The level of interest shown during the public consultation programme undertaken as part of the project stands in itself as testimony to the affection in which the site is held. It is one of very few sites in the region with open access to Roman archaeology and the stunning location makes Castleshaw a stop off point for ramblers, long distance walkers and day visitors, as well as numerous school children who regularly visit as part of the Castleshaw Centre teaching programme. There is undoubtedly a huge amount of civic pride tied up in the site and a strong connection with local identity which goes beyond the historic and archaeological significance and taps into the powerful aesthetic and emotional responses Castleshaw evokes. So many people mentioned the importance of the peaceful isolation of the location and how it still encapsulated the harshness and remoteness of frontier life. The natural environment is obviously a key element contributing to this and the site is of considerable importance in ecological terms and several habitat communities are supported within the boundary of the study area including meadow pipits and snipe.


The future

The major challenge now facing the site is how best to enhance the public's experience of the forts without jeopardising any of those factors which make the place so special. A series of initiatives have been put forward in the Plan to improve interpretation which includes:

A programme of community excavation - this would predominately be a re-examination of the old excavation within the 1st century fort but might also include the opening of new areas to inform outstanding research questions. A research strategy for the site has been formulated as part of the Plan.

Website - to include details of the archaeology and history of the site, along with themed, downloadable site tours (including MP3 audio tours), activities, visitors' forum and online finds catalogue. These would all be targeted for various interest groups and ages.

Activity programme - looking at developing a programme of activities built around the significance of the site, not just the archaeology but also the ecology and history of Castleshaw and the wider valley. Events will also aim to attract new users including Walking For Health initiatives.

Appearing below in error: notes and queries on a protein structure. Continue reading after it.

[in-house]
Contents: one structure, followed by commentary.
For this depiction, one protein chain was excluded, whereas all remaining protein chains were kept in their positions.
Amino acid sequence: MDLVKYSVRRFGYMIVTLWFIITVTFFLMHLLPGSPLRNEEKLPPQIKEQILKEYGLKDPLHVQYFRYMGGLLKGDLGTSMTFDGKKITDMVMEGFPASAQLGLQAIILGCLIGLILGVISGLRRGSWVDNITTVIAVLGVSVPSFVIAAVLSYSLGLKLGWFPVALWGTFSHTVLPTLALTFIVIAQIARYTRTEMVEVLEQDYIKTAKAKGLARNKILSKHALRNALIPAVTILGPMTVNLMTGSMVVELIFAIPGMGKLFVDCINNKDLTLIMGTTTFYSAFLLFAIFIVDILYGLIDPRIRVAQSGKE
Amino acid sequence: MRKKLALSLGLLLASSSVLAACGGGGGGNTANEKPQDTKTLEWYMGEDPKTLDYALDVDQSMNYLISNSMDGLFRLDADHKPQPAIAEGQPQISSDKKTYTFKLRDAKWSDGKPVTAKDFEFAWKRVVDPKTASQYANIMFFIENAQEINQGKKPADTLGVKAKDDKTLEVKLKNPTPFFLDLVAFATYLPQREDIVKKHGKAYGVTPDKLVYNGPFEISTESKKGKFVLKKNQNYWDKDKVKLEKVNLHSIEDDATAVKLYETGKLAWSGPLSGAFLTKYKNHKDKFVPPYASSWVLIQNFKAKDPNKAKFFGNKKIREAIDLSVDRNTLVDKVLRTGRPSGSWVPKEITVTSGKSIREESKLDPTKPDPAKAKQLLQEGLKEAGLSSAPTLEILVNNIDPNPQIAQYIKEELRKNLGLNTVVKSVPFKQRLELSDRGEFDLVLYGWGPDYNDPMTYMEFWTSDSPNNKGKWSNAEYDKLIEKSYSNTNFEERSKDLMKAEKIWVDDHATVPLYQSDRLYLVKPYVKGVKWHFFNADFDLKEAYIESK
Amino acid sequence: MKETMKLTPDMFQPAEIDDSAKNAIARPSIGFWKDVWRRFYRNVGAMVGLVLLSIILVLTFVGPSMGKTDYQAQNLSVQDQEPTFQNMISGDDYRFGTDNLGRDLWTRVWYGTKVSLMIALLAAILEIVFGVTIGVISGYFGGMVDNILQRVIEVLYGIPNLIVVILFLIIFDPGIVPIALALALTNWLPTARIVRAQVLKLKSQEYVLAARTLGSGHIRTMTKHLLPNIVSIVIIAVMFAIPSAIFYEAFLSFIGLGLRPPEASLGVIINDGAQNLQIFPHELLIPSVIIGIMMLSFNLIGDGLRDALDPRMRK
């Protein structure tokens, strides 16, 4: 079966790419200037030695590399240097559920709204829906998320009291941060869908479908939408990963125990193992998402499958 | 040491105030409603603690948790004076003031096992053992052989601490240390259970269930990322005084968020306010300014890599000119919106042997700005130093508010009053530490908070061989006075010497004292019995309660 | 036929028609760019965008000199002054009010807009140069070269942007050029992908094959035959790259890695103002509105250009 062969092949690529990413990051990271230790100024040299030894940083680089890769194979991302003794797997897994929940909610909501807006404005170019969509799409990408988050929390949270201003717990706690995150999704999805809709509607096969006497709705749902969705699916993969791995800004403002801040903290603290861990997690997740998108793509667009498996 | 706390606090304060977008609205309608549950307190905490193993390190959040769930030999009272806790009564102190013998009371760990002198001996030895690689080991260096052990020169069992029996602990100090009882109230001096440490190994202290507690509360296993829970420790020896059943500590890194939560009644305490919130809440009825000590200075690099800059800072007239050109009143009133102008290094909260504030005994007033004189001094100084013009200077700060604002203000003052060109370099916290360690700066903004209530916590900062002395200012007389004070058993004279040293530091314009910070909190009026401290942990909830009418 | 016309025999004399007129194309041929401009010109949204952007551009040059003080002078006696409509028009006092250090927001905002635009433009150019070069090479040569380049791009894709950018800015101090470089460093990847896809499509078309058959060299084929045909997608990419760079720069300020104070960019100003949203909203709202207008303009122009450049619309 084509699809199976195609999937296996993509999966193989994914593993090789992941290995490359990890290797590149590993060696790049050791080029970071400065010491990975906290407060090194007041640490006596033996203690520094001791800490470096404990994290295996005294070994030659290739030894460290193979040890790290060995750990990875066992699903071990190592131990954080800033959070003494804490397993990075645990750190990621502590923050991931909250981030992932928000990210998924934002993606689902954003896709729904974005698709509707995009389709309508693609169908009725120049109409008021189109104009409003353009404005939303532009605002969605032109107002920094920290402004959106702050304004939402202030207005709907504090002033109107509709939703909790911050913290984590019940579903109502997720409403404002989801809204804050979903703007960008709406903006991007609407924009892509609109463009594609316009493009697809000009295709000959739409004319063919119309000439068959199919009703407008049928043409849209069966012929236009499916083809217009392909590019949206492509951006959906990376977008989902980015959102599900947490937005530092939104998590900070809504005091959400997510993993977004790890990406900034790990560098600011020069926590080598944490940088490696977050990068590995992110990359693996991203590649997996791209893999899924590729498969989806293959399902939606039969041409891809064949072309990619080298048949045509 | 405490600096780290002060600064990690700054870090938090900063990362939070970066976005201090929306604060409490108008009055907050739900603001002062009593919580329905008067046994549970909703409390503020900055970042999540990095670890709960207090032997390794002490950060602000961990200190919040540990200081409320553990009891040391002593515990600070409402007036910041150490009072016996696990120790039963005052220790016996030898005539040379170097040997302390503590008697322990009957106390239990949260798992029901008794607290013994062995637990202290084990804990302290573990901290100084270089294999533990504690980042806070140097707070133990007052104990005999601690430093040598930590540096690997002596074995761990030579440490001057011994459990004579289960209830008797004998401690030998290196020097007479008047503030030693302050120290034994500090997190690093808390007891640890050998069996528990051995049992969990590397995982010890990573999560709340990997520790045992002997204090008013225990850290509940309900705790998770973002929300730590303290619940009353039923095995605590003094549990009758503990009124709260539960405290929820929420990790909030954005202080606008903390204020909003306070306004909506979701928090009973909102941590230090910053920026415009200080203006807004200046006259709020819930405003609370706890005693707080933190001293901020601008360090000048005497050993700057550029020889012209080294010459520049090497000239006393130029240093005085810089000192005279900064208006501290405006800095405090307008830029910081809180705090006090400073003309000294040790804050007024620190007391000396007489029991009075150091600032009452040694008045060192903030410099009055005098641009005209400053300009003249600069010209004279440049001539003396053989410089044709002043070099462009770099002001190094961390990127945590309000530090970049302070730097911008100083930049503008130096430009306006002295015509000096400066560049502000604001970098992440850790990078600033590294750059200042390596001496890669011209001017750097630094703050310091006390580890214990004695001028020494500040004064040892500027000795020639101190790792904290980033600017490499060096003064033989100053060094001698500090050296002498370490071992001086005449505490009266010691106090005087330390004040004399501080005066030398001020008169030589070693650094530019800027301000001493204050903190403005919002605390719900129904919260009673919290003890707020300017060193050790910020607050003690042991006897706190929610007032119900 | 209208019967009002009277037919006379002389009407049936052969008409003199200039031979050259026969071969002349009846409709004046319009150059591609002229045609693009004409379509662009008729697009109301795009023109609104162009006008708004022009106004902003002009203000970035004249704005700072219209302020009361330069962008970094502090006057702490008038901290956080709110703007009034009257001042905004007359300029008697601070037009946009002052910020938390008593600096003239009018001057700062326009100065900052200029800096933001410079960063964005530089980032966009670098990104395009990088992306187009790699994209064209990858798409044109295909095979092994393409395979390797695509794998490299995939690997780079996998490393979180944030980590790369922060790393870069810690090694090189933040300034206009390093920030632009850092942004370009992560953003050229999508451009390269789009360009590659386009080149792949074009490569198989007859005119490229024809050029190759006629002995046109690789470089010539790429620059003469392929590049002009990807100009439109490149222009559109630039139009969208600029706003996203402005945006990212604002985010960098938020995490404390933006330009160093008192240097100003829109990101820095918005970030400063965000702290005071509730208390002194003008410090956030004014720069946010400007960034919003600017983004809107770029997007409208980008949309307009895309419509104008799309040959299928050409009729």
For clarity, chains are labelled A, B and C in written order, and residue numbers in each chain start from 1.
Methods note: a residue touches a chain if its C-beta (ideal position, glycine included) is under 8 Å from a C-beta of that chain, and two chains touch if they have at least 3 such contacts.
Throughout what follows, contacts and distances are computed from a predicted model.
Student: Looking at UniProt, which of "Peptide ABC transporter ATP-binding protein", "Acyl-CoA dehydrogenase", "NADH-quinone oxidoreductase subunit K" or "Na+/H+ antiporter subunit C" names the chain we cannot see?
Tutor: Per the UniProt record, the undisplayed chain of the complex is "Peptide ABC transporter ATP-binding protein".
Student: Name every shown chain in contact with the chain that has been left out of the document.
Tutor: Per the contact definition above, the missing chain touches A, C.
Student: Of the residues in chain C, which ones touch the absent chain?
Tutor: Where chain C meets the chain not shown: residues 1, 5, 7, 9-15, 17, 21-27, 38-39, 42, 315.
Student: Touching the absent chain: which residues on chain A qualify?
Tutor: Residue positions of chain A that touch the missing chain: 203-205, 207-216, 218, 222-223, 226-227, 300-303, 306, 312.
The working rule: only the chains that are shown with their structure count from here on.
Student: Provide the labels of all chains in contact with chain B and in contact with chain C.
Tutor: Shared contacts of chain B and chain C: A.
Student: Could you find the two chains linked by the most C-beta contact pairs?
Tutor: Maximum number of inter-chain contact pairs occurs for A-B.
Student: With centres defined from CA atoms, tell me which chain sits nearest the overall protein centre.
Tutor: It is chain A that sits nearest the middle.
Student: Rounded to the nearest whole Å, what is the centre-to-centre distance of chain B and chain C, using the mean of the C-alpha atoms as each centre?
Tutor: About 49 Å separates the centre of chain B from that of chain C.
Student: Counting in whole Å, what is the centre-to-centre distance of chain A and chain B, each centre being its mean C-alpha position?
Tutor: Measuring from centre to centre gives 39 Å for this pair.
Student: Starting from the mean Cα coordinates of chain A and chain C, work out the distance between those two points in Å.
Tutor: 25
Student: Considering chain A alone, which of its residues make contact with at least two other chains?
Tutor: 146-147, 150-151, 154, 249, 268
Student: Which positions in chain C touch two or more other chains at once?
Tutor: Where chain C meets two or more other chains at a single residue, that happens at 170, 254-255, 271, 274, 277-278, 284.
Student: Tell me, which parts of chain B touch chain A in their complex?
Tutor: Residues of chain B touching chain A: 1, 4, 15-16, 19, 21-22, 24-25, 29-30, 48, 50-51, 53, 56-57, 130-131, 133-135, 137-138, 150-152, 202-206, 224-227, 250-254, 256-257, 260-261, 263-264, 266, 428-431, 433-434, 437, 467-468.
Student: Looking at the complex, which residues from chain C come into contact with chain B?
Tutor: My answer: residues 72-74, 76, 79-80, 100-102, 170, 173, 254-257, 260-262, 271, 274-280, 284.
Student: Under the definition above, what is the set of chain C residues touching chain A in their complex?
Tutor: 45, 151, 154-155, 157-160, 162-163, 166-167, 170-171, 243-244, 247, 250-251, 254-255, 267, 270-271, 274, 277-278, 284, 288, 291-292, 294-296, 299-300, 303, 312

Touring exhibition - for those without direct internet access, a more traditional exhibition would be put together to tour local libraries and community centres.

Improving the onsite experience -a permanent visitors' centre on the site would not be in keeping with the overall sense of isolation and the important ecological balance of the area but other options are being explored. On site information will also be improved with the imminent erection of new interpretation panels.

Improving the access to finds information - finds from the site are stored in a number of local museums and public access is limited. One of the initiatives proposed in the CMP is the production of a database of all the Castleshaw material, containing photographs and details of the finds. This would be compiled with the help of volunteers and made available online.

All of the above are under discussion but the go ahead will depend on securing all important funding as well as necessary permissions. Nevertheless, an exciting future looks in store for Castleshaw with lots of opportunity for local people to get involved.

If you would like to get involved, then click here to find out more about joinging the Friends of Castleshaw